In conclusion, this is the first in vitro and in vivo study to show that treatment with curcumin effectively inhibits Ti particle-induced inflammation. The modulation of macrophages from M1 to M2 polarization with a shift toward macrophage-specific marker expression and cytokine secretion profiles may contribute to its anti-inflammatory properties. These results suggest that curcumin may be considered a promising candidate in the prevention and treatment of wear particle-induced osteolysis.
XZ designed the study. BL and YH performed the study and contributed equally to this work. BL drafted the manuscript, YH performed statistical analysis. YZ, MC, HQ, TC, QW, and XP helped revise the manuscript. All authors read and approved the final manuscript.
Conflict of Interest Statement
The authors declare that the research was conducted in the absence of any commercial or financial relationships that could be construed as a potential conflict of interest.
This work is supported by the National Natural Science Foundation of China (81472109 and 81301571) and the Special Research Project of Health Care Industry (No. 201302007).
The Supplementary Material for this article can be found online at https://www.frontiersin.org/article/10.3389/fimmu.2017.00055/full#supplementary-material.
1. Bin Abd Razak HR, Tan CS, Chen YJ, Pang HN, Tay KJ, Chin PL, et al. Age and preoperative knee society score are significant predictors of outcomes among Asians following total knee arthroplasty. J Bone Joint Surg Am (2016) 98(9):735–41. doi:10.2106/JBJS.15.00280
2. Gallo J, Goodman SB, Konttinen YT, Raska M. Particle disease: biologic mechanisms of periprosthetic osteolysis in total hip arthroplasty. Innate Immun (2013) 19(2):213–24. doi:10.1177/1753425912451779
5. Konttinen YT, Pajarinen J, Takakubo Y, Gallo J, Nich C, Takagi M, et al. Macrophage polarization and activation in response to implant debris: influence by “particle disease” and “ion disease”. J Long Term Eff Med Implants (2014) 24(4):267–81. doi:10.1615/JLongTermEffMedImplants.2014011355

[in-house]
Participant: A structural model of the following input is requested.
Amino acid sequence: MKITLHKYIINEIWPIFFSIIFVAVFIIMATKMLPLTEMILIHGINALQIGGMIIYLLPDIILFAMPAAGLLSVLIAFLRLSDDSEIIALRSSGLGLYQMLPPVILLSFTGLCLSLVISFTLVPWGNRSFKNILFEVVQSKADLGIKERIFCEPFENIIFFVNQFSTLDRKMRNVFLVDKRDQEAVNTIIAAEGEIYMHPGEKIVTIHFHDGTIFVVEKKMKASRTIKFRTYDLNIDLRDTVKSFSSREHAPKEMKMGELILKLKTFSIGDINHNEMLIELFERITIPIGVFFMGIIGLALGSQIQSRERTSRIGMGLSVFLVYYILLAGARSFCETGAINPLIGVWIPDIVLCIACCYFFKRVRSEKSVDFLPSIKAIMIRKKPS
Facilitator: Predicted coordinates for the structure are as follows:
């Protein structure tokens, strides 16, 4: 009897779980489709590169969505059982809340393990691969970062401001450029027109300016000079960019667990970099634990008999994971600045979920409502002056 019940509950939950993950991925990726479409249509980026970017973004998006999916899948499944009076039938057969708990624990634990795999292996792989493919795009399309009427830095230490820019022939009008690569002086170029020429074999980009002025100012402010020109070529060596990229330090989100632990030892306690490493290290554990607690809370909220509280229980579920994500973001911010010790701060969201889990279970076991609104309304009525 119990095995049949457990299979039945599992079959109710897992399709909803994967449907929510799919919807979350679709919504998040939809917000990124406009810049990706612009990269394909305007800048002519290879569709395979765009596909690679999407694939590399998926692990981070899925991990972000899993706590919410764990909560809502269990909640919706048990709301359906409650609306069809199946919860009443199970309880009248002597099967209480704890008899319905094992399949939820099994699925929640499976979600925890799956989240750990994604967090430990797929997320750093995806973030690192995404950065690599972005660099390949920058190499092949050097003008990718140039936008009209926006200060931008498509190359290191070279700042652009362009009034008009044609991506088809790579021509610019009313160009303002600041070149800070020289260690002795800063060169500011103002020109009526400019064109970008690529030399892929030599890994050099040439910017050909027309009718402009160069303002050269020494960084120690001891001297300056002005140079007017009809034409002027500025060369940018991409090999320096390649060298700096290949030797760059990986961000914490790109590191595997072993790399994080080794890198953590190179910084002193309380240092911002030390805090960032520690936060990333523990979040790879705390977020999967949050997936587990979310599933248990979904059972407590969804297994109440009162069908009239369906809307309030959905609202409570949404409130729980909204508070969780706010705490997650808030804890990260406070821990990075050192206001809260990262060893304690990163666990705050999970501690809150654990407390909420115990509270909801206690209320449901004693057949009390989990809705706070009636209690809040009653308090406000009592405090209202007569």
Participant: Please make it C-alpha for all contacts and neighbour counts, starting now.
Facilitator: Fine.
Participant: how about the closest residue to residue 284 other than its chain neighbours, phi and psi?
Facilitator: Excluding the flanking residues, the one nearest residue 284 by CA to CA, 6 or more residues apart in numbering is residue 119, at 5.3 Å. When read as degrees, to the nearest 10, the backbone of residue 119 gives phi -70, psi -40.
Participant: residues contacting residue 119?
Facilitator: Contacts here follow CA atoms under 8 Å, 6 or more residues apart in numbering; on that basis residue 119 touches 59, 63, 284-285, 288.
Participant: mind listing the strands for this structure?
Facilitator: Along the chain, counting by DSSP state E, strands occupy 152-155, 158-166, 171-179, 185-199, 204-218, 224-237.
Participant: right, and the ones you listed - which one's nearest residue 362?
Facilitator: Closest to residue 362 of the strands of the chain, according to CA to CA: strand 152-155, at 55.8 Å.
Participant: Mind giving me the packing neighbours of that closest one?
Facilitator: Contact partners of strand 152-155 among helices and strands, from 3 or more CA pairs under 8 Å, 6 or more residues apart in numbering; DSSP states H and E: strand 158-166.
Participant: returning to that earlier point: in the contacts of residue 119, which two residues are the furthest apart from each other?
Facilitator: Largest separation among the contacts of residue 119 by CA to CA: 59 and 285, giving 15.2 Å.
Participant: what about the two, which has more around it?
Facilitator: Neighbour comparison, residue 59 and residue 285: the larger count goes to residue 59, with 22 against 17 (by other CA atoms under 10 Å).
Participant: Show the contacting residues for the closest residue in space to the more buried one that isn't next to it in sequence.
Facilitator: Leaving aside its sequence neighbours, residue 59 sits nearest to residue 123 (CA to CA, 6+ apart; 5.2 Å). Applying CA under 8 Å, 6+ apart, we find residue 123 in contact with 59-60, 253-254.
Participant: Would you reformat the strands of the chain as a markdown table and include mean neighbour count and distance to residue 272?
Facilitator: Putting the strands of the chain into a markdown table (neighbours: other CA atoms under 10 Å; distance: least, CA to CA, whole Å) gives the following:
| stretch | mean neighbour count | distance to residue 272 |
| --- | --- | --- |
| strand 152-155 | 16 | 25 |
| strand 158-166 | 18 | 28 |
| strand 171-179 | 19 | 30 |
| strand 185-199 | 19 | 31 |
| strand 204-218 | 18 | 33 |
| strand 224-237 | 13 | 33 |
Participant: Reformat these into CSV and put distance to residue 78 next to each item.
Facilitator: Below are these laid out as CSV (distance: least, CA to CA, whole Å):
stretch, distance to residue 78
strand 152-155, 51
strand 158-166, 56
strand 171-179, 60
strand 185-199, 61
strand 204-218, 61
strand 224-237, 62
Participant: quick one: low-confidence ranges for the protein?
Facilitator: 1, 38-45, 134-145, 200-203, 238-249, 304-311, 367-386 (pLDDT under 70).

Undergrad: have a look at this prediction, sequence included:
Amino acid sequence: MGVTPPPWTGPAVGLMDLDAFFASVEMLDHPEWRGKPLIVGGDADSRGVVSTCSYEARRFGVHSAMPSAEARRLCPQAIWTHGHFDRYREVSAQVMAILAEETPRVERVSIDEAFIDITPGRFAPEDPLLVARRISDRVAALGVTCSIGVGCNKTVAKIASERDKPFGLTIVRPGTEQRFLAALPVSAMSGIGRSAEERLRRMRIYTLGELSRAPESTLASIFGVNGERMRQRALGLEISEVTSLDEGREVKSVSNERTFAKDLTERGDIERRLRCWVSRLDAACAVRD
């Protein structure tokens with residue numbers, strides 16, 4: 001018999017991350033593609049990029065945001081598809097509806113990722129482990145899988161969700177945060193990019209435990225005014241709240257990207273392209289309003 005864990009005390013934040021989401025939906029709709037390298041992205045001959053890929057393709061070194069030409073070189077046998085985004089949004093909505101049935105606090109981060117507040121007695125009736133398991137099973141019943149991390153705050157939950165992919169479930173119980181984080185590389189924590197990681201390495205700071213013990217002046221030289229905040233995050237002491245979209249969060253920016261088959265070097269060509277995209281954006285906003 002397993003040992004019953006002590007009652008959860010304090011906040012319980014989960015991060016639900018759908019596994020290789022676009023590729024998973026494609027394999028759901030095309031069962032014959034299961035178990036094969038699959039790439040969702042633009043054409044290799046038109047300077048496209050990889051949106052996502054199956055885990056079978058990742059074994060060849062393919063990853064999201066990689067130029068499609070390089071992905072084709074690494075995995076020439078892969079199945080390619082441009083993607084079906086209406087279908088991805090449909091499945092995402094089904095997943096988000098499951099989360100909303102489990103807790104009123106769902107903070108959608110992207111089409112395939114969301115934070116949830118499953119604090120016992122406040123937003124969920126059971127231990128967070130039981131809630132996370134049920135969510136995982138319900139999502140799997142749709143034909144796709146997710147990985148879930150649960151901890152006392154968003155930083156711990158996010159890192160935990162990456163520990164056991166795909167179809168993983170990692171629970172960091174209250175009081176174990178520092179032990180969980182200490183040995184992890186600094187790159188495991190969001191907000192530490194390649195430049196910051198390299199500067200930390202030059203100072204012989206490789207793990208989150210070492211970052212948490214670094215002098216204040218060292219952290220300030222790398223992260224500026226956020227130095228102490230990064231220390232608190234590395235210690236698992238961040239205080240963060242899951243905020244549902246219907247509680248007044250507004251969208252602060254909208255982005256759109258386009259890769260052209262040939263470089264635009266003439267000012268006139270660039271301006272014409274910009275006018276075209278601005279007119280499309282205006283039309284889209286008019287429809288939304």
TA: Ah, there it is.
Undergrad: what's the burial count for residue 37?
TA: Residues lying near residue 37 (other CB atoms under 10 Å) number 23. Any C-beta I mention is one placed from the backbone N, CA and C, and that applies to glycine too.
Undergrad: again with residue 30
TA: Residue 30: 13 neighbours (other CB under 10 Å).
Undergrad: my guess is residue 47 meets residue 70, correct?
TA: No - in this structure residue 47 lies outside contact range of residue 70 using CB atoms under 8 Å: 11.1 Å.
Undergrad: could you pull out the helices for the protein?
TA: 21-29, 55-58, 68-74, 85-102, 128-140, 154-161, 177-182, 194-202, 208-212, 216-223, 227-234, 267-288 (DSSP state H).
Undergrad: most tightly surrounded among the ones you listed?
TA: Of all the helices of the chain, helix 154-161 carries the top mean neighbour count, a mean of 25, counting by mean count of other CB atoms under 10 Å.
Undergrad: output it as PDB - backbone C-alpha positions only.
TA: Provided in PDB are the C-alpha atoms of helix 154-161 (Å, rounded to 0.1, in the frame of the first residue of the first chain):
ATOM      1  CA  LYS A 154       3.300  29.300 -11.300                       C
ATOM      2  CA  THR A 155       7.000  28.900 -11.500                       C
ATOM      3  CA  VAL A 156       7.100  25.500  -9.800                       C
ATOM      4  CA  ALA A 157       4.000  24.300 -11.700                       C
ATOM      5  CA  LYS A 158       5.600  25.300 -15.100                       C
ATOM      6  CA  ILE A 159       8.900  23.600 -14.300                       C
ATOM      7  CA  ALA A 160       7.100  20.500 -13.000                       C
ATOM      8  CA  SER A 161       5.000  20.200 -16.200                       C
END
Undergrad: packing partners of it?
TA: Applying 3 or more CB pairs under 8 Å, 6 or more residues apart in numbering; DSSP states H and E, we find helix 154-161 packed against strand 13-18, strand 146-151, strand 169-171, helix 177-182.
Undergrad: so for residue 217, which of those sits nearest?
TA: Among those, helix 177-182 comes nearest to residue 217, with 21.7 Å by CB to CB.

6. Pajarinen J, Kouri VP, Jamsen E, Li TF, Mandelin J, Konttinen YT. The response of macrophages to titanium particles is determined by macrophage polarization. Acta Biomater (2013) 9(11):9229–40. doi:10.1016/j.actbio.2013.06.027
10. Goodman SB, Gibon E, Pajarinen J, Lin TH, Keeney M, Ren PG, et al. Novel biological strategies for treatment of wear particle-induced periprosthetic osteolysis of orthopaedic implants for joint replacement. J R Soc Interface (2014) 11(93):20130962. doi:10.1098/rsif.2013.0962
12. Im GI, Han JD. Suppressive effects of interleukin-4 and interleukin-10 on the production of proinflammatory cytokines induced by titanium-alloy particles. J Biomed Mater Res (2001) 58(5):531–6. doi:10.1002/jbm.1051.abs
13. Wang Y, Wu NN, Mou YQ, Chen L, Deng ZL. Inhibitory effects of recombinant IL-4 and recombinant IL-13 on UHMWPE-induced bone destruction in the murine air pouch model. J Surg Res (2013) 180(2):e73–81. doi:10.1016/j.jss.2012.04.016
15. Kunnumakkara AB, Bordoloi D, Padmavathi G, Monisha J, Roy NK, Prasad S, et al. Curcumin, the golden nutraceutical: multitargeting for multiple chronic diseases. Br J Pharmacol (2016). doi:10.1111/bph.13621